Thursday, September 25, 2008

How We Got Here and Where We Are Going

The government is trying to do their best to create a plan to get us out of the mess that they put us in.  Still, nothing is passed yet so there may yet still be hope that they do the right thing which would be to do nothing.  I just find it very ironic that just six months ago, both Bush and Paulson told the American People we had no problems, and now we are suddenly on the precipice look straight at Doomsday.  It was a lie six months ago and its a lie today.  At least they are consistent.

The saddest part of the whole thing is that they obviously didn't see it coming.  I mean seriously, how could you not.  They created this mess through their own actions.  Let us look back and see exactly how this happened.

In 1999, the government decides that  it would be a great idea if everyone could afford to buy a home.  This is an idiotic notion but it sounds good politically so the American people eat it up.  To enable this "plan" the government allows Freddie and Fannie to lend money to people with less than worthy credit.  Isn't that nice?  Isn't it great that we can enable the "American Dream" by allowing people to own things they can't really afford?  This of course masks an even bigger problem.  These are Govermented Sponsored Enterprises.  This gives them an implicit backing of the government making people believe the government won't let them fail.  Even worse, people get jobs there by political appointment, further insulating them from scrutiny.  But this is only one of many idiotic things that the government does.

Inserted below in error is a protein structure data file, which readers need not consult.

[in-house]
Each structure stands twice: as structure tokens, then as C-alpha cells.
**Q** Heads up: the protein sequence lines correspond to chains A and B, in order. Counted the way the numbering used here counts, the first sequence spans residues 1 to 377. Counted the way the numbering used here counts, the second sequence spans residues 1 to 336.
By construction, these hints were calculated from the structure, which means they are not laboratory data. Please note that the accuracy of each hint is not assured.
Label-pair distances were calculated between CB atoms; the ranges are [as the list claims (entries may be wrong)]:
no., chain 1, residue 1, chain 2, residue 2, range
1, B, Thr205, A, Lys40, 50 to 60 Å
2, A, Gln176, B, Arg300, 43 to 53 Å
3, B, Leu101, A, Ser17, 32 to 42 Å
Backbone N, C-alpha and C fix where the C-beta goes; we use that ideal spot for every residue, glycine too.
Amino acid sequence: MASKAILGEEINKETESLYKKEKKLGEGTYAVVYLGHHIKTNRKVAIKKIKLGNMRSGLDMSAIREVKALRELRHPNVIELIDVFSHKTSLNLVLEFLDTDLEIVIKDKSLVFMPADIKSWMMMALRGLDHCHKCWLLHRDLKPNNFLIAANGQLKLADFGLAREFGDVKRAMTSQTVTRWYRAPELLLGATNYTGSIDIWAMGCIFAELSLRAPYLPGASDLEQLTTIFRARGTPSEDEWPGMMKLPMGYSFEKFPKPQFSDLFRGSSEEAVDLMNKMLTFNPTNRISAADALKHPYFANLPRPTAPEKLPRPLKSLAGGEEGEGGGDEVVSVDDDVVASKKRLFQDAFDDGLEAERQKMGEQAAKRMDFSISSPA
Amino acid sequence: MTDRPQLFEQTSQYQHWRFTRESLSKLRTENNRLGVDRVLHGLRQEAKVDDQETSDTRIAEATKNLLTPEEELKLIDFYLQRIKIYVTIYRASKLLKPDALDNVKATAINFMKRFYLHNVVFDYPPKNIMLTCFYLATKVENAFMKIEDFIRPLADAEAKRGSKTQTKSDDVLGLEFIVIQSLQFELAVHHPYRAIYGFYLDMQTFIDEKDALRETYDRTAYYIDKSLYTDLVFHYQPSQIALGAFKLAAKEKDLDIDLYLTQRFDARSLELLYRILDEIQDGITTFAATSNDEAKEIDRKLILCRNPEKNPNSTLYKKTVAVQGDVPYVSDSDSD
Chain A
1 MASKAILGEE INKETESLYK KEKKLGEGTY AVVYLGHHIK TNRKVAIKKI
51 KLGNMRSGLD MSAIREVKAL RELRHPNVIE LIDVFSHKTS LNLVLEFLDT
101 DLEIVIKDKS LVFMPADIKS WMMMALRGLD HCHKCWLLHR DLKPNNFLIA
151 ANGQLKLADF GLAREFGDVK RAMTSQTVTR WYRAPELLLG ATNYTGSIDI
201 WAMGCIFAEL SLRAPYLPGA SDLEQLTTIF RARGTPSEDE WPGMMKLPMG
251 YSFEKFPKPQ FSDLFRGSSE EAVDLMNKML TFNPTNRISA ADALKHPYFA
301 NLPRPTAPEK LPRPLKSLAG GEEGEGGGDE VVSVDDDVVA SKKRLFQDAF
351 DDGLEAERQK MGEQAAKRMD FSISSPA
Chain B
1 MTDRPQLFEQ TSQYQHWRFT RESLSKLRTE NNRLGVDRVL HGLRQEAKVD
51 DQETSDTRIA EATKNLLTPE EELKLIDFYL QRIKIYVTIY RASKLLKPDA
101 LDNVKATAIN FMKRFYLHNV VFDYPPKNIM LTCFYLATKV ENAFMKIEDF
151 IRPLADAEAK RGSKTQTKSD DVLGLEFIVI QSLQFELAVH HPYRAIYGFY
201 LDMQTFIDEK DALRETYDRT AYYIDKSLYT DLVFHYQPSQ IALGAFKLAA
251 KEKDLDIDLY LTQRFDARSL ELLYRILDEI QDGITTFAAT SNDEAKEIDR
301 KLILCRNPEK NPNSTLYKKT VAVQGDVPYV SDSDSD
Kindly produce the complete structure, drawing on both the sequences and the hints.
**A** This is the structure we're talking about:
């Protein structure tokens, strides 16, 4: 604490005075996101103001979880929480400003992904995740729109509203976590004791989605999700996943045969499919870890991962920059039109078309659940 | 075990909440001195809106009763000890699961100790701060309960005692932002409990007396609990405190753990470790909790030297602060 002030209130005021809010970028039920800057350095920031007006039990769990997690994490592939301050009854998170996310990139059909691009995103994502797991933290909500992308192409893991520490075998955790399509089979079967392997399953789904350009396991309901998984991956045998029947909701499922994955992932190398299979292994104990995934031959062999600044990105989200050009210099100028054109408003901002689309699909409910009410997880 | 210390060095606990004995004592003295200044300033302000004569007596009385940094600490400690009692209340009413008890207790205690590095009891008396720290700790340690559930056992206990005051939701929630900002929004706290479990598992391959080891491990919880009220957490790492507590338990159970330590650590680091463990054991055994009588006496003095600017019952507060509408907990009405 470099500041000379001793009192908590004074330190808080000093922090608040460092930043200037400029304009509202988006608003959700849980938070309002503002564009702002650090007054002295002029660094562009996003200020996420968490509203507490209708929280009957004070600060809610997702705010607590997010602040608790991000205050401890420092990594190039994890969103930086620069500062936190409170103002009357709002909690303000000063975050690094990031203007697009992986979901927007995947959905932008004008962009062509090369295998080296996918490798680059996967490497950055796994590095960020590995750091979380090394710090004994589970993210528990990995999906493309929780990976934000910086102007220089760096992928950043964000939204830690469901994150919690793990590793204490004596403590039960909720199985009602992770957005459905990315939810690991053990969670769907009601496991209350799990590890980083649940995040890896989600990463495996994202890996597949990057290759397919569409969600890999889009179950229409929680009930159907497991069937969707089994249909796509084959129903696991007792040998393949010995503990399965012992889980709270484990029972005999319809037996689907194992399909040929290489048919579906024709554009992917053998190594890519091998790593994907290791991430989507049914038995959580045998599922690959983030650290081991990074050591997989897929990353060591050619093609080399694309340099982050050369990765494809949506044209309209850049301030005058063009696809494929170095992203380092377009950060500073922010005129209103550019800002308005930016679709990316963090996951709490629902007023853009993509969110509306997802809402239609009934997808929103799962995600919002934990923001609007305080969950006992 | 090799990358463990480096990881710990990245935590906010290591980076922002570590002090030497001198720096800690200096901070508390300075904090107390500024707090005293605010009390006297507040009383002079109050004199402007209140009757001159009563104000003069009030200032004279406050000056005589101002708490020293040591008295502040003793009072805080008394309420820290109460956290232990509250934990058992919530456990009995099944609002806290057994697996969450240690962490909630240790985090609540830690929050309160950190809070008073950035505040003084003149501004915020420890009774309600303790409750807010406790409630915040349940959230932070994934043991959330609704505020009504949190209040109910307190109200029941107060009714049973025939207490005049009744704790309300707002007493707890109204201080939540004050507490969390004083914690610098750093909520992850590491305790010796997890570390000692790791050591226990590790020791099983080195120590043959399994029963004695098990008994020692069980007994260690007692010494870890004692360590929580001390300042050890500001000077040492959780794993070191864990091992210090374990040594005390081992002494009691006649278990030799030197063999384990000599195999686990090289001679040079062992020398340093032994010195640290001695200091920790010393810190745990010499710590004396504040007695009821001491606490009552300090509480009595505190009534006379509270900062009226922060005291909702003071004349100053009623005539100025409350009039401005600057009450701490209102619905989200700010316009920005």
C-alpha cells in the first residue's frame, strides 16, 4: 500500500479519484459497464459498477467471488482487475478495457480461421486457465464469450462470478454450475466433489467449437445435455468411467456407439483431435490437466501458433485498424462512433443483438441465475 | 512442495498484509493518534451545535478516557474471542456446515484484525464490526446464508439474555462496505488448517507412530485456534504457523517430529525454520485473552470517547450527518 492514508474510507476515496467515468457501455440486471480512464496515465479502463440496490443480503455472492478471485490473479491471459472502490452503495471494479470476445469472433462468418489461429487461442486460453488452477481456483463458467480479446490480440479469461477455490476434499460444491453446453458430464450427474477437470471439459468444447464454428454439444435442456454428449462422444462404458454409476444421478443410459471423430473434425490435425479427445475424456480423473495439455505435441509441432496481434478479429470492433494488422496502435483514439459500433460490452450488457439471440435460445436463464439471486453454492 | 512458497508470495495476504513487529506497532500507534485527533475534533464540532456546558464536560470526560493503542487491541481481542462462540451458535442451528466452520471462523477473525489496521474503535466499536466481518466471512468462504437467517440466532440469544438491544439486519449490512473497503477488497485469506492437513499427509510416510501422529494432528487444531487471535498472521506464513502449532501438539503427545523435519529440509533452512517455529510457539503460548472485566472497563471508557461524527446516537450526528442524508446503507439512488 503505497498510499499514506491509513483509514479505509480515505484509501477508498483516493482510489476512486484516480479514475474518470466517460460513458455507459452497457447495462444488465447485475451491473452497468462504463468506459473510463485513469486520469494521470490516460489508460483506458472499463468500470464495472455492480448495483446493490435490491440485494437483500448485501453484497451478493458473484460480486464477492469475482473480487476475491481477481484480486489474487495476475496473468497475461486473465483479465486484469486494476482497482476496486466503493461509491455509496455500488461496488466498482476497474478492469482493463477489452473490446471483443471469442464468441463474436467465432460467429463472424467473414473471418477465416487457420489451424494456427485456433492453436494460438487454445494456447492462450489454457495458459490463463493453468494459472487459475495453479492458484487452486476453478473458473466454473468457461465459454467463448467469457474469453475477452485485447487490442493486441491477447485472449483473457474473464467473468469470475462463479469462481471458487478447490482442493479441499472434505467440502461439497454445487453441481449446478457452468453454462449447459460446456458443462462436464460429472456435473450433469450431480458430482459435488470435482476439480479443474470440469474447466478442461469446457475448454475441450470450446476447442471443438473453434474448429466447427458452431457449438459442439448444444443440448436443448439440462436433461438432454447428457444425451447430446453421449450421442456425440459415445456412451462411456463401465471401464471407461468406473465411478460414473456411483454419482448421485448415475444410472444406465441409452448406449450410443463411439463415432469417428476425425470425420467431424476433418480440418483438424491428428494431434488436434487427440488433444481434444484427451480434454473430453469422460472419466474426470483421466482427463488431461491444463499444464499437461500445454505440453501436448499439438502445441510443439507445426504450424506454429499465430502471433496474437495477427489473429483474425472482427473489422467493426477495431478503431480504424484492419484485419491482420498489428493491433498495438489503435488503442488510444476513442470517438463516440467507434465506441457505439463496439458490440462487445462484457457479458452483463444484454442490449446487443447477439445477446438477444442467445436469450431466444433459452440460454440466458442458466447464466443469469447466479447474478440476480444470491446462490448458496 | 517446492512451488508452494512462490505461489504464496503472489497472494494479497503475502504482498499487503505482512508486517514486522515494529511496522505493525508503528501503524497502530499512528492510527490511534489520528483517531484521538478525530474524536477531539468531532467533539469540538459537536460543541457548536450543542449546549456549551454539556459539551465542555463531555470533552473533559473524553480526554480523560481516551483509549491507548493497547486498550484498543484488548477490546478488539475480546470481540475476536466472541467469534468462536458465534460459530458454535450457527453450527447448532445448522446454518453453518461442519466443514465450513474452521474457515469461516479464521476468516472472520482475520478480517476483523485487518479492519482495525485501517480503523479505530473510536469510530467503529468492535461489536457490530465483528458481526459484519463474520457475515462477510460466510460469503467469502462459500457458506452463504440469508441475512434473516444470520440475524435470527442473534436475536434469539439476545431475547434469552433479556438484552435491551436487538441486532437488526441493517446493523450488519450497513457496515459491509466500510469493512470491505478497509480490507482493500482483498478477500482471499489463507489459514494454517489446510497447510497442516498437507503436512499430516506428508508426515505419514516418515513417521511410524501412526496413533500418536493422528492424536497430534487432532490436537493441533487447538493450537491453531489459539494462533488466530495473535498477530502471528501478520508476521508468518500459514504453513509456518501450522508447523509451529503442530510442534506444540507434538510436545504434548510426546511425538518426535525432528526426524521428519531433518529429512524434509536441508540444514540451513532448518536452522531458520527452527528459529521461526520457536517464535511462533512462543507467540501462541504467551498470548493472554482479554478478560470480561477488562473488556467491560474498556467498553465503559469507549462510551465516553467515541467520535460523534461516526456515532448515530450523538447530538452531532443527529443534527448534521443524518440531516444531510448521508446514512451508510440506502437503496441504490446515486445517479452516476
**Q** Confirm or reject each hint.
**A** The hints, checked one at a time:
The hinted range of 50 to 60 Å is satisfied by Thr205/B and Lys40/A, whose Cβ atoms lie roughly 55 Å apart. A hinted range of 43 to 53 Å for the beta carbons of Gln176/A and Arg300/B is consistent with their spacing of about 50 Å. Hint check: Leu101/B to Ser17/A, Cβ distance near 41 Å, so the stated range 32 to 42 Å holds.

In 2001, we have 9/11.  Fearing a massive recession, the government takes it upon itself to shore up confidence and lower interest rates to an insanely low level.  Rates basically go to 0 percent making the cost of captial very very cheap.  People can now get very low percentage mortgages.   Add this to the above, and you get people who shouldn't be getting loans able to take how huge loans for very cheap.

Innovation now takes hold.  Financial engineering allowed financial institutions to take all these mortgages, package them up, and sell them off as securities.  They supposedly are able to create very "safe" assets by slicing and dicing them in a myriad of ways.  Of course, this also makes the security very hard to understand and greatly obscures who really owns what.  But becasue banks can do this, they no longer really care about making good loans.  There motives now move from making good loans, because they will eventually have to collect on these loans, to making as many loans as possible so that they can make these new fangled securities.  They don't care if the payer never pays the money back becasue they already sold off the mortgage.  Of course this isn't the governments fault, so I'll give them a pass on this one.